Democratic Congressional Candidate Dean Phillips released a campaign ad “inspired by Congressman Erik Paulsen’s own record” in which Bigfoot asks “Does Erik Paulsen really Exist?” It pokes fun at what Phillips’s campaign says is a lack of sightings of Paulsen at town hall meetings. The Republican Congressman’s campaign hasn’t responded to the ad, but it is gaining attention including reporting from Forbes and Adweek.

Phillips’s campaign says the ad was “intended to be a digital video we thought had great potential for engagement.” The response online in just the first few hours has them considering wider distribution including TV. The campaign said Minneapolis-based Hunt Adkins agency worked in an “individual volunteer capacity with the Phillips for Congress Team to create the concept.”

Republicans questioned if the in-kind work exceeds federal campaign contribution limits of $2,700 per individual and $5,000 for a PAC. Republican operative Gina Countryman responded on Twitter “The amount of production cost in that ad had to have been incredibly high-location, make-up, video work. You can’t just get that stuff for free, much less free creative counsel.” Republican Chas Anderson added “this appears to be a corporate contribution. Which, of course, is illegal.” Richard Carlbom from Phillips’s campaign later said they “paid for the production. So, folks can enjoy it and not fret.” And further clarified “To be extra clear, Doug and Patrick volunteered their services to the campaign. Professionals are allowed to do so as individuals.”

Longtime political observers in Minnesota see a similarity to the innovative ads that catapulted U.S. Senator Paul Wellstone to Washington in 1990. Those commercials put local ad firm North Woods Advertising and creator Bill Hillsman on the map. One area actor says the Bigfoot ad has similiar whimsy and found it a refreshing change from attack ads.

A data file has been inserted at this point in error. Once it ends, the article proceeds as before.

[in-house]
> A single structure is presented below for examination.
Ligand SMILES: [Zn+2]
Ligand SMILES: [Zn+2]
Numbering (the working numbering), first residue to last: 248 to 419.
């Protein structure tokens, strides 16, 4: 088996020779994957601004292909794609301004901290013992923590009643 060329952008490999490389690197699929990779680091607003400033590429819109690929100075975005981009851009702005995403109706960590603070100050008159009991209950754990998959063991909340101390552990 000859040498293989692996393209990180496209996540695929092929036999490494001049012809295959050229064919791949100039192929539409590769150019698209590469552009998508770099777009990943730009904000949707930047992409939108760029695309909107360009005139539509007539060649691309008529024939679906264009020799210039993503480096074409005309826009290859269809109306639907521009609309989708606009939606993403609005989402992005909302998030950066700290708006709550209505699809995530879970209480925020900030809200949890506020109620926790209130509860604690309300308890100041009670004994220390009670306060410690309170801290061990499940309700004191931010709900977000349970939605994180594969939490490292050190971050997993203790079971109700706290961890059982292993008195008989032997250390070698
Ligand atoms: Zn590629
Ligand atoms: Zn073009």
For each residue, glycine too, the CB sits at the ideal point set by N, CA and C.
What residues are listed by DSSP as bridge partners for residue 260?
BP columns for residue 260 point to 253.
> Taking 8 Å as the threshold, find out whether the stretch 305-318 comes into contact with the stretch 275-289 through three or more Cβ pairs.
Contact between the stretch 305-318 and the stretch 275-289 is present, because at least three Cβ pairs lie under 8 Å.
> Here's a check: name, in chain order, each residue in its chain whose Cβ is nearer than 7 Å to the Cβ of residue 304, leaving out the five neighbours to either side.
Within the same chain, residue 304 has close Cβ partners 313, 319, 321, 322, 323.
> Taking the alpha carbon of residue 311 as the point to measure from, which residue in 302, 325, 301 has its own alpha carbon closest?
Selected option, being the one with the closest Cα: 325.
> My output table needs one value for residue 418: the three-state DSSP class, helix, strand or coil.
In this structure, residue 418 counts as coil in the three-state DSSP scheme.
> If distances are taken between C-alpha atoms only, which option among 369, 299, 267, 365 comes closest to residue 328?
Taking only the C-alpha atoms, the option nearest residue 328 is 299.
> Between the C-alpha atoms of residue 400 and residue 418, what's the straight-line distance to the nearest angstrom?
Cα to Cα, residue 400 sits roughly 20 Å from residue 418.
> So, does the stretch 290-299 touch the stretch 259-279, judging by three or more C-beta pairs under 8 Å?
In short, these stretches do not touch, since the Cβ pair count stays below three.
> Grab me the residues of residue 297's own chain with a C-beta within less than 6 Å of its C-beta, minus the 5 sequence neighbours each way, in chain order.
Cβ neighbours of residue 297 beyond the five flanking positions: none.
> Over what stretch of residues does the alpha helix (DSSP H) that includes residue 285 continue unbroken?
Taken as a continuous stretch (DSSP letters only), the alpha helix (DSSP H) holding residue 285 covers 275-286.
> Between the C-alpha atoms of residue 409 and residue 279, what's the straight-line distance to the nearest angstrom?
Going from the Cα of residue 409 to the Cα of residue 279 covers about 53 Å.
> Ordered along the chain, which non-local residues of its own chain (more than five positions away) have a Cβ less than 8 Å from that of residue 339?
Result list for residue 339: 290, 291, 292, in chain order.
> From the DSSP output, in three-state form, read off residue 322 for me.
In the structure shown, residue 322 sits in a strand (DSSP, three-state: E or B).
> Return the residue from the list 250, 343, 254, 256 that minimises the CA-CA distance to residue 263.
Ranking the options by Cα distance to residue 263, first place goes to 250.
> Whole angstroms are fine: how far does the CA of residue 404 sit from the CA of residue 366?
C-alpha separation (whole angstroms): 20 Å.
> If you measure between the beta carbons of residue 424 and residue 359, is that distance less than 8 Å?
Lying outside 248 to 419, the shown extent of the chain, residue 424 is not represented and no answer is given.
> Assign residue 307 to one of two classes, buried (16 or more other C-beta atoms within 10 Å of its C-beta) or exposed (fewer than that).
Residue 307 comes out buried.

Former pro-wrestler Jesse “The Body” Ventura was transformed into Jesse “The Mind” thanks to Hillsman. Ventura “shocked the world” by winning the race for Minnesota governor in 1998 as a third-party candidate. Turns out it was a body double that stood in for Ventura in The Thinker by Rodin pose. It has been a decade since a political ad has had people talking like the Bigfoot ad is doing. MN CD-3 is thought to be a very competitive race where incumbent Congressman Erik Paulsen may have to hold on to the seat to help Republicans retain control of Congress. Minnesota’s fierce independence makes the state  home to many nationally watched races including CD-1 in which we recently profiled the candidates.  

    Mary Lahammer
    Anchor, Reporter, Producer covering politics, government, history, food for Twin Cities PBS since 1998.